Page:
News broke last week that on Holy Saturday this year, the Vatican hosted a group of transgender people for Covid-19 vaccinations at the personal invitation of Pope Francis.
Some 50 people from a parish near Rome were vaccinated at the Vatican on April 3rd. Among the recipients were transgender individuals who had been receiving care from the pastor of Blessed Virgin of the Immaculate Parish, Fr. Andrea Canocchia, during the pandemic. Religion News Service (RNS)reported:
“It has already been reported that [Pope] Francis had asked [papal almoner Cardinal Konrad] Krajewski last year to provide food and financial support to members of the community who were struggling without work due to the pandemic. But as Easter approached this year, Krajewski reached out to Conocchia suggesting that he bring the transgender individuals under his care to the Vatican to be vaccinated. . .
“The group also included volunteers working at Canocchia’s parish, as well as immigrants and refugees under the care of the Community of St. Egidio, a Catholic aid organization, as well as struggling families and divorced parents supported by the Catholic charity Caritas.”
Further details on the vaccination clinic’s inclusion of trans patients were provided by Juan Carlos Cruz, a gay man who serves on the Pontifical Commission for the Protection of Minors. In response to Vatican officials’ initial hesitancy at vaccinating trans people, Cruz quoted the pope as saying “Absolutely vaccinate them!” and requested that clinicians “do not ask them about their sex.”
Fr. Canocchia described the impact this papal welcome and the care provided had:
“‘It was truly Easter,’ Canocchia told RNS on Friday (July 2), calling the occasion ‘a day of life and resurrection’ for his community. . .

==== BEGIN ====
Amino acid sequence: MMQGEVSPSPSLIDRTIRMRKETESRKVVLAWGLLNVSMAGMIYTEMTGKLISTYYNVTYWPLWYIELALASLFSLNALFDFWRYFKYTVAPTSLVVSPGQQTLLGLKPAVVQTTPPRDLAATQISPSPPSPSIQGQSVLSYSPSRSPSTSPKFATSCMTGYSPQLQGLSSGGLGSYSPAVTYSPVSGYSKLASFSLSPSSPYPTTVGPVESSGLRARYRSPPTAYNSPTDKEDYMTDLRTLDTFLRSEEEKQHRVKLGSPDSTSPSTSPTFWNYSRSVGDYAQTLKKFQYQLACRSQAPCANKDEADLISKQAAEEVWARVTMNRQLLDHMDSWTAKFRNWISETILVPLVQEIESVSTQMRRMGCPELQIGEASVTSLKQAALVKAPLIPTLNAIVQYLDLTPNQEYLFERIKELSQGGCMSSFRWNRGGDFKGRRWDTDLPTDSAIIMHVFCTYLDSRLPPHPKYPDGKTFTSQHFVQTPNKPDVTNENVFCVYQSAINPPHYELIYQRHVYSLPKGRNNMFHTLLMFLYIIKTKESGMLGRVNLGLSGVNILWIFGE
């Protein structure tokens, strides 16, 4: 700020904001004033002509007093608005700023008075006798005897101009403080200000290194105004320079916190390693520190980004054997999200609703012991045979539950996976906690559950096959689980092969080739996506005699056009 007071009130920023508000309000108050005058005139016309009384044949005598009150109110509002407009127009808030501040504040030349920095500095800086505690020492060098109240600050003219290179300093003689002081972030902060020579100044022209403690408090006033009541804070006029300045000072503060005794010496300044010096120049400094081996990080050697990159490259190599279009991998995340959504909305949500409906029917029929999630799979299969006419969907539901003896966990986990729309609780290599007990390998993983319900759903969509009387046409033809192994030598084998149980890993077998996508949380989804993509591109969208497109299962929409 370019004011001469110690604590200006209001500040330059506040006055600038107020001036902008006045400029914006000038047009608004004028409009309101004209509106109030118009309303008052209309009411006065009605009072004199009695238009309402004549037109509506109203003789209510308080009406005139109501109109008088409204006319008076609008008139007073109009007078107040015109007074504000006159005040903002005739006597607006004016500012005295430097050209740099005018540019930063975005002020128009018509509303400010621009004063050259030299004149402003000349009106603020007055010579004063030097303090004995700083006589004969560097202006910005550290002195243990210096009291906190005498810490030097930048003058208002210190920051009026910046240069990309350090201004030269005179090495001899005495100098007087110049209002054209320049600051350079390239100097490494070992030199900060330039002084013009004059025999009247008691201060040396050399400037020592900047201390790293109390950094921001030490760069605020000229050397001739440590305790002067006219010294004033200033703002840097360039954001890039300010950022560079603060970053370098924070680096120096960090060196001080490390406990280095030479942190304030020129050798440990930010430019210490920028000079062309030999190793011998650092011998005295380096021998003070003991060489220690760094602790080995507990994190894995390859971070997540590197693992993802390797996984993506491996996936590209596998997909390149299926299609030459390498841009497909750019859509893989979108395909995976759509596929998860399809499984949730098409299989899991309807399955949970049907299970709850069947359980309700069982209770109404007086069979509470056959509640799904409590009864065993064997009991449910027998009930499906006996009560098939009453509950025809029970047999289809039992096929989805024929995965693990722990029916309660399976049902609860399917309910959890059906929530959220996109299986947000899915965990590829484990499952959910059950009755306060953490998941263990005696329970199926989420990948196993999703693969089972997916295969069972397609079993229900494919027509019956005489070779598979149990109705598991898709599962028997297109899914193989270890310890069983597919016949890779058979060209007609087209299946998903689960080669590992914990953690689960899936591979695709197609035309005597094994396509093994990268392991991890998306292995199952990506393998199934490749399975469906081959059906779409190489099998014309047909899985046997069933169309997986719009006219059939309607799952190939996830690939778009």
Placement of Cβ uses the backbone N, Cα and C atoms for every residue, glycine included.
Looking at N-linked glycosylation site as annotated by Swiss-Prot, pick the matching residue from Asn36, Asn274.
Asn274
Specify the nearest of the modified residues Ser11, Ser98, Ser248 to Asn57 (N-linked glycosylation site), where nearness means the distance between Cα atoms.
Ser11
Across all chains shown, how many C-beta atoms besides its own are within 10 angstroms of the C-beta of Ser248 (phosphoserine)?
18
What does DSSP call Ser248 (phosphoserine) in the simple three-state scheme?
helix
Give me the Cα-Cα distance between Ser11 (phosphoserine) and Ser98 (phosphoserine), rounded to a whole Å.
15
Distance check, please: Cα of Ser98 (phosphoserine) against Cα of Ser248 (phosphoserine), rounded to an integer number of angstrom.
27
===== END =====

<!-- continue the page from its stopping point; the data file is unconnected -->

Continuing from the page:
“The transgender men and women reacted with ‘surprise’ and ’emotion’ to the experience of entering the Vatican for the vaccination, Canocchia said, adding that many of them are undocumented and unable to access Italy’s free healthcare services.
“‘They were moved to tears and felt remembered, having experienced once again and in a tangible way the closeness and tenderness of the pope’s charity,’ he said. . .
“For Canocchia, the closeness of Francis proves that ‘the church is a part of the people, whoever they are. For us they have value. They are a noun, not an adjective.'”
As noted in the RNS report, early in the pandemic last year, the pope dispatched Cardinal Krajewski, his almoner, to serve the trans community, many of whom were not only undocumented migrants but were sex workers, that had gathered around Fr. Canocchia’s parish. But when the media picked up the story, Krajewski said it should not make headlines that the pope had intervened to help marginalized people because it is just “ordinary work for the Church.” Notably, Francis has praised repeatedly the work of religious serving transgender people, too.
Transgender-negative missives and statements from church leaders are increasing, especially in countries like the U.S. where anti-trans discourse and legislation more broadly has gained prominence. Pope Francis himself has a somewhat mixed record when it comes to statements touching on questions of gender identity. But in this instance of vaccinations, once again his pastoral inclinations realized concretely took precedence over theory. His instruction for clinicians not to ask intrusive questions about a person’s gender when providing care is especially notable. It models for pastors that simply welcoming all is insufficient; pastors must be attentive to the particular needs people have, too.
—Robert Shine, New Ways Ministry, July 8, 2021